This study was designed to examine the potential therapeutic effects of curcumin in a rat model of postoperative pain. Postoperative pain has well defined and predicable course of pain and thus this study examined the preventive, reverse and acute therapeutic activities of curcumin.
Male Sprague-Dawley rats with initial weights of 250–300 g (Laboratory Animal Center, Nantong University, China) were habituated to the temperature, humidity and lighting (12 h light/dark cycle, lights on at 7:00 AM) controlled housing facility and group housed for at least 3 days before behavioral studies began. The animals had free access to regular rodent chow and water except during the test sessions. All animal experimental protocols were approved by the Institutional Animal Care and Use Committee, Nantong University. Animals were maintained in accordance with the Guide for the Care and Use of Laboratory Animals (8th edition, Institute of Laboratory Animal Resources on Life Sciences, National Research Council, National Academy of Sciences, Washington DC). All testing was performed in accordance with the recommendations of the International Association for the Study of Pain. All efforts were made to minimize animal suffering and to decrease the number of animals used.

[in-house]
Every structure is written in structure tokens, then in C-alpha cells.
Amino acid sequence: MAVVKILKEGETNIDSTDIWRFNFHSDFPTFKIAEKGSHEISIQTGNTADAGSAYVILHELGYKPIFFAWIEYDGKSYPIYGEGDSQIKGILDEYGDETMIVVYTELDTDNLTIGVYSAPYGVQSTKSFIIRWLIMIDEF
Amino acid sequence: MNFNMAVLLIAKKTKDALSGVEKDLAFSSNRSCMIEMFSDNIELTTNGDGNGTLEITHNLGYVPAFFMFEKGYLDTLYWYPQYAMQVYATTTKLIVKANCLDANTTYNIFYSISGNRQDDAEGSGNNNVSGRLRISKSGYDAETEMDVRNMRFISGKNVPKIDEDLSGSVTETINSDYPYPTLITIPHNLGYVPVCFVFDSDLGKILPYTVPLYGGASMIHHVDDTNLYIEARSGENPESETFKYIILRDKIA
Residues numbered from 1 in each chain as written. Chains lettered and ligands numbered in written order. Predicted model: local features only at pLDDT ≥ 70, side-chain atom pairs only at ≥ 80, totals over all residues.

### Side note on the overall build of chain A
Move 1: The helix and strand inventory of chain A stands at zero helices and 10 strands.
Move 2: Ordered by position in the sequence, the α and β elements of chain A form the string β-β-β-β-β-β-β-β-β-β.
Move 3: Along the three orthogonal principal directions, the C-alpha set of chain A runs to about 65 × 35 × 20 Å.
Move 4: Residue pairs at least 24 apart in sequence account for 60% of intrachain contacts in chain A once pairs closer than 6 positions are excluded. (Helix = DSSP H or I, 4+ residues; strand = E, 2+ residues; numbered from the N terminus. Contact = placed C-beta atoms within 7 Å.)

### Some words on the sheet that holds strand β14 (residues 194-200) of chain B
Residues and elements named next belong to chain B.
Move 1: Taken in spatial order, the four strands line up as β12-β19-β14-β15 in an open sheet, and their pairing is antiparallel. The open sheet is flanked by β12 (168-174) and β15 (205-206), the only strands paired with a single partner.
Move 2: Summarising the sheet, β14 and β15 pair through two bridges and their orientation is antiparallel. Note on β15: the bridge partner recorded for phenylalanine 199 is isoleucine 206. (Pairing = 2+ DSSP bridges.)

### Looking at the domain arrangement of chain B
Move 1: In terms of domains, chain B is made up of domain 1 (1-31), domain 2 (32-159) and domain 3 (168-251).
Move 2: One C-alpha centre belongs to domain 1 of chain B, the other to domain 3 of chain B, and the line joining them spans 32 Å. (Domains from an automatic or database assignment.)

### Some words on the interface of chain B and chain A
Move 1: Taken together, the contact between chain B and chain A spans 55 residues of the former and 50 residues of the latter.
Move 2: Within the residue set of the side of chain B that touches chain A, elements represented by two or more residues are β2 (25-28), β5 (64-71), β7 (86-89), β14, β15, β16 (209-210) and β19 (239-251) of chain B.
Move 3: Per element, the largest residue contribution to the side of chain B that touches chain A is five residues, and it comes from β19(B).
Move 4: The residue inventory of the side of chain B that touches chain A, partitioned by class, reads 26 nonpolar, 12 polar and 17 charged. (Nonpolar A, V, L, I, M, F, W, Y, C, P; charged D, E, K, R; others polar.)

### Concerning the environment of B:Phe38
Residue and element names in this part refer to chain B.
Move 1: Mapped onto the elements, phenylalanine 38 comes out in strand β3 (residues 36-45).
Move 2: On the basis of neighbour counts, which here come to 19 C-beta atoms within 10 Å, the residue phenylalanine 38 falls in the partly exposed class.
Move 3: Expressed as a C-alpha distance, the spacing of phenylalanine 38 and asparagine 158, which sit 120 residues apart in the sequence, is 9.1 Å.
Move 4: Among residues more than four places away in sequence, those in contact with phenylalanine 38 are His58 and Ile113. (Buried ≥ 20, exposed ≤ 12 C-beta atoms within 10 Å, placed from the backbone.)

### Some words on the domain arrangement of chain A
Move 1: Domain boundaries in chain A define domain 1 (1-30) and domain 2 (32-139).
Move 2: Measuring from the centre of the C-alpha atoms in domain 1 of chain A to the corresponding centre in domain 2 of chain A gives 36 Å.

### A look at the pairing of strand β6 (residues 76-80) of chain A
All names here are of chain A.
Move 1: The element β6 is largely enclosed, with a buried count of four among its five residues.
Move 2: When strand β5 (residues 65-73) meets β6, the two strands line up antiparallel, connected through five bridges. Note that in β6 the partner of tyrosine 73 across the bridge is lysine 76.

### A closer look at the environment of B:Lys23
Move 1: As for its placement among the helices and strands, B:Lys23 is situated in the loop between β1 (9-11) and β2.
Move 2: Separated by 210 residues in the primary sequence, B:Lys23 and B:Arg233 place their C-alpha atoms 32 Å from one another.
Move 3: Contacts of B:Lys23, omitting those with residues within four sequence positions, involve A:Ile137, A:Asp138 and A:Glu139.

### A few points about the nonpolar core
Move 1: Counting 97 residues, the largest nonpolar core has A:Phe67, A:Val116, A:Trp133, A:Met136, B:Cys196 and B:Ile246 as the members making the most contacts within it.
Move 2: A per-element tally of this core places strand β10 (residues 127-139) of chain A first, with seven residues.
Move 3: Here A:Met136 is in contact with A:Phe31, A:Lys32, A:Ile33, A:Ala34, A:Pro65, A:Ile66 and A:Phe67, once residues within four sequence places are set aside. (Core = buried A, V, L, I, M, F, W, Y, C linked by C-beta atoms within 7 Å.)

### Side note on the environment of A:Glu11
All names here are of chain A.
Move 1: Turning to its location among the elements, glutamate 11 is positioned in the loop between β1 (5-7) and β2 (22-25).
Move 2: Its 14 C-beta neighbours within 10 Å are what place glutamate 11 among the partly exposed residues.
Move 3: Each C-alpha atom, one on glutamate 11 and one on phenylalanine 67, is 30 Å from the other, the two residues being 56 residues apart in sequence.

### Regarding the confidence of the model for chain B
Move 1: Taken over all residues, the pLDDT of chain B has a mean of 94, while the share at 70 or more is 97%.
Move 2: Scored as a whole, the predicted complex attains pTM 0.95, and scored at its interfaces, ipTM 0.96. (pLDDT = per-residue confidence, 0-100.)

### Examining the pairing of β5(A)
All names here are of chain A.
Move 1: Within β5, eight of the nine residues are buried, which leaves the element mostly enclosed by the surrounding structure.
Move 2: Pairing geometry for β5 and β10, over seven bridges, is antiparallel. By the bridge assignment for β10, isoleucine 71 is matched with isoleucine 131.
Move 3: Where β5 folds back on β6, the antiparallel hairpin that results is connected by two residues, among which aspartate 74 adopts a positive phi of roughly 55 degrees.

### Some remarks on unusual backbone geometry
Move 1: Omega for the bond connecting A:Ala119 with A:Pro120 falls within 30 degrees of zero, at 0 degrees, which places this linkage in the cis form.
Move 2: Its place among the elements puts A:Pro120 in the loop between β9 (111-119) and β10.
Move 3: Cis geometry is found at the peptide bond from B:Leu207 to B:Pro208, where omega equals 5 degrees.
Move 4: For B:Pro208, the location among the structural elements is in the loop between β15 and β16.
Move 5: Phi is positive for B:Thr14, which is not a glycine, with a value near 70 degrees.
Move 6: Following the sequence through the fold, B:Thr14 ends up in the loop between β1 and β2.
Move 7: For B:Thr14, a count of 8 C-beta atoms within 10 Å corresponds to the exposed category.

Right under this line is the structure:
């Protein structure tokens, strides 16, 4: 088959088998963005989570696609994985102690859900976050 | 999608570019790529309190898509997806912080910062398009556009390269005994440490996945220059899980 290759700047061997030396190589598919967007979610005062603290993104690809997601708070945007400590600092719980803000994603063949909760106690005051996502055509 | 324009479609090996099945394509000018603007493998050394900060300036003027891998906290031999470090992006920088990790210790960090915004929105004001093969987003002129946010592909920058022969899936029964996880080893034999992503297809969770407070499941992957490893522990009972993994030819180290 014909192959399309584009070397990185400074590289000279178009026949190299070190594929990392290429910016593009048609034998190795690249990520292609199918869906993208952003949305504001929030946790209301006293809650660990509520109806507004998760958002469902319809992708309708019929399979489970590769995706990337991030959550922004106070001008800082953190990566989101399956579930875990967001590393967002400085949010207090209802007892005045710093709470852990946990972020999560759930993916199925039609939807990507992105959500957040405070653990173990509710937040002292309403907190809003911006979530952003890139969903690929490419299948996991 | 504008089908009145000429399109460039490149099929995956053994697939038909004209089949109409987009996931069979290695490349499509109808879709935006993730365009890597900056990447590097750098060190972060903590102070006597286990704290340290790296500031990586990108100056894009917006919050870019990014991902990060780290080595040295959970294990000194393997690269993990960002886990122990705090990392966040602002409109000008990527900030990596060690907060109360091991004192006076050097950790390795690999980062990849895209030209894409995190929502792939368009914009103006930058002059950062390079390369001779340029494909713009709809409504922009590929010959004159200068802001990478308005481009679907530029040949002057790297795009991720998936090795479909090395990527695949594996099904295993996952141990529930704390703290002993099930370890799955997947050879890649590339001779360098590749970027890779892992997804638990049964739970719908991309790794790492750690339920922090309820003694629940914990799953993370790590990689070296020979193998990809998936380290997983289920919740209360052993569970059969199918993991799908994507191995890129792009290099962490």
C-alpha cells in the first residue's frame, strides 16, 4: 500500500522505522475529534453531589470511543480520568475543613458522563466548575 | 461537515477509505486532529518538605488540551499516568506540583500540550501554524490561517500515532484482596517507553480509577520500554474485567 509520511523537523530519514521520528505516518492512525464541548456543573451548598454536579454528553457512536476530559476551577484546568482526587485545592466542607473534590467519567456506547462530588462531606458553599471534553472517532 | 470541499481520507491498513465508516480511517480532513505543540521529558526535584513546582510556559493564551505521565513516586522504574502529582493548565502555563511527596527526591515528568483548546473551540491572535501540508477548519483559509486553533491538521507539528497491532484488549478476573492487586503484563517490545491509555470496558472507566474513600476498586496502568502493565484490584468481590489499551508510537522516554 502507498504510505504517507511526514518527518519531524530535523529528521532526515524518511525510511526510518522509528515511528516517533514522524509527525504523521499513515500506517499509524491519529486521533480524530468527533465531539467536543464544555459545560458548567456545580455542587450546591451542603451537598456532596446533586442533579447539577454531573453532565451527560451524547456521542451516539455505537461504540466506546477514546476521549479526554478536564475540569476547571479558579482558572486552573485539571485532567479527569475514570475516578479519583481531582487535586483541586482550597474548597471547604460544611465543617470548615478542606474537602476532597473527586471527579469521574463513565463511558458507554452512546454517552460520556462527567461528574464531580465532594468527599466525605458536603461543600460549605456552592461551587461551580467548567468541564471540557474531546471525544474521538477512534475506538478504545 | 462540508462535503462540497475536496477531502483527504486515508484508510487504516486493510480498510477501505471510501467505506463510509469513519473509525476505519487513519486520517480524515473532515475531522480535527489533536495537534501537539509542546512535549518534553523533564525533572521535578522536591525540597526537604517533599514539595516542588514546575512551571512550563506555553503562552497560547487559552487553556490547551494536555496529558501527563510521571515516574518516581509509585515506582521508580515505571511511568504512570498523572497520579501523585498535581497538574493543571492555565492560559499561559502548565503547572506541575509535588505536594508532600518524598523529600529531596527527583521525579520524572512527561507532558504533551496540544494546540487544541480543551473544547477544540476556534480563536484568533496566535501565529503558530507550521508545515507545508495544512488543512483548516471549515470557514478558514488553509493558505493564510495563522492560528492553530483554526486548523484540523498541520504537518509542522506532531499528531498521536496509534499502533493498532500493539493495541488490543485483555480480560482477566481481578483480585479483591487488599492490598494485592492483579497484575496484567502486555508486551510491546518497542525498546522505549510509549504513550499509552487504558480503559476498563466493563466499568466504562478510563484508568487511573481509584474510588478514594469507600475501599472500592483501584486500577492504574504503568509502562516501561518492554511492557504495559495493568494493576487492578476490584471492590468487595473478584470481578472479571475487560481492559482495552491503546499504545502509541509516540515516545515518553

Curcumin was purchased from Welch Materials Inc. (Shanghai, China) and was suspended in 0.5% carboxymethylcellulose. Drug was administered orally through gavage in a volume of 2 ml/kg of body weight.
Incisional surgery was performed as previously described19, with minor modifications. Briefly, rats were anaesthetized with ketamine (60 mg/kg)/xylazine (15 mg/kg) mixture and the plantar surface of the right hind paw was sterilely prepared. A 1 cm longitudinal incision was cut with a number 11 scalpel, through skin and fascia of the plantar aspect of the paw, starting 0.5 cm from the proximal end of the heel and extending toward the toes. The plantaris muscle was elevated and incised longitudinally. After bleeding was stopped through gentle pressure, the skin was opposed with two single sutures using 5–0 nylon. The animals were allowed to recover in their home cages.
Von Frey filament test
The mechanical hyperalgesia was measured by assessing paw withdrawal thresholds to mechanical stimuli using a series of von Frey filaments (Stoelting, USA). Ten von Frey filaments, with approximately equal logarithmic incremental bending forces (equivalent to 1, 1.4, 2, 4, 6, 8, 10, 15, 26, 60 g force, respectively), were used. Rats were placed in custom-made individual transparent Perspex cubicles with a wire mesh floor and allowed to acclimate for at least 15 min before testing began. The filaments were applied to the plantar surface of each hind paw in a series of ascending forces. Each filament was tested three times per paw and the mechanical threshold was defined as the minimal force that caused at least two withdrawals observed out of three consecutive trials20.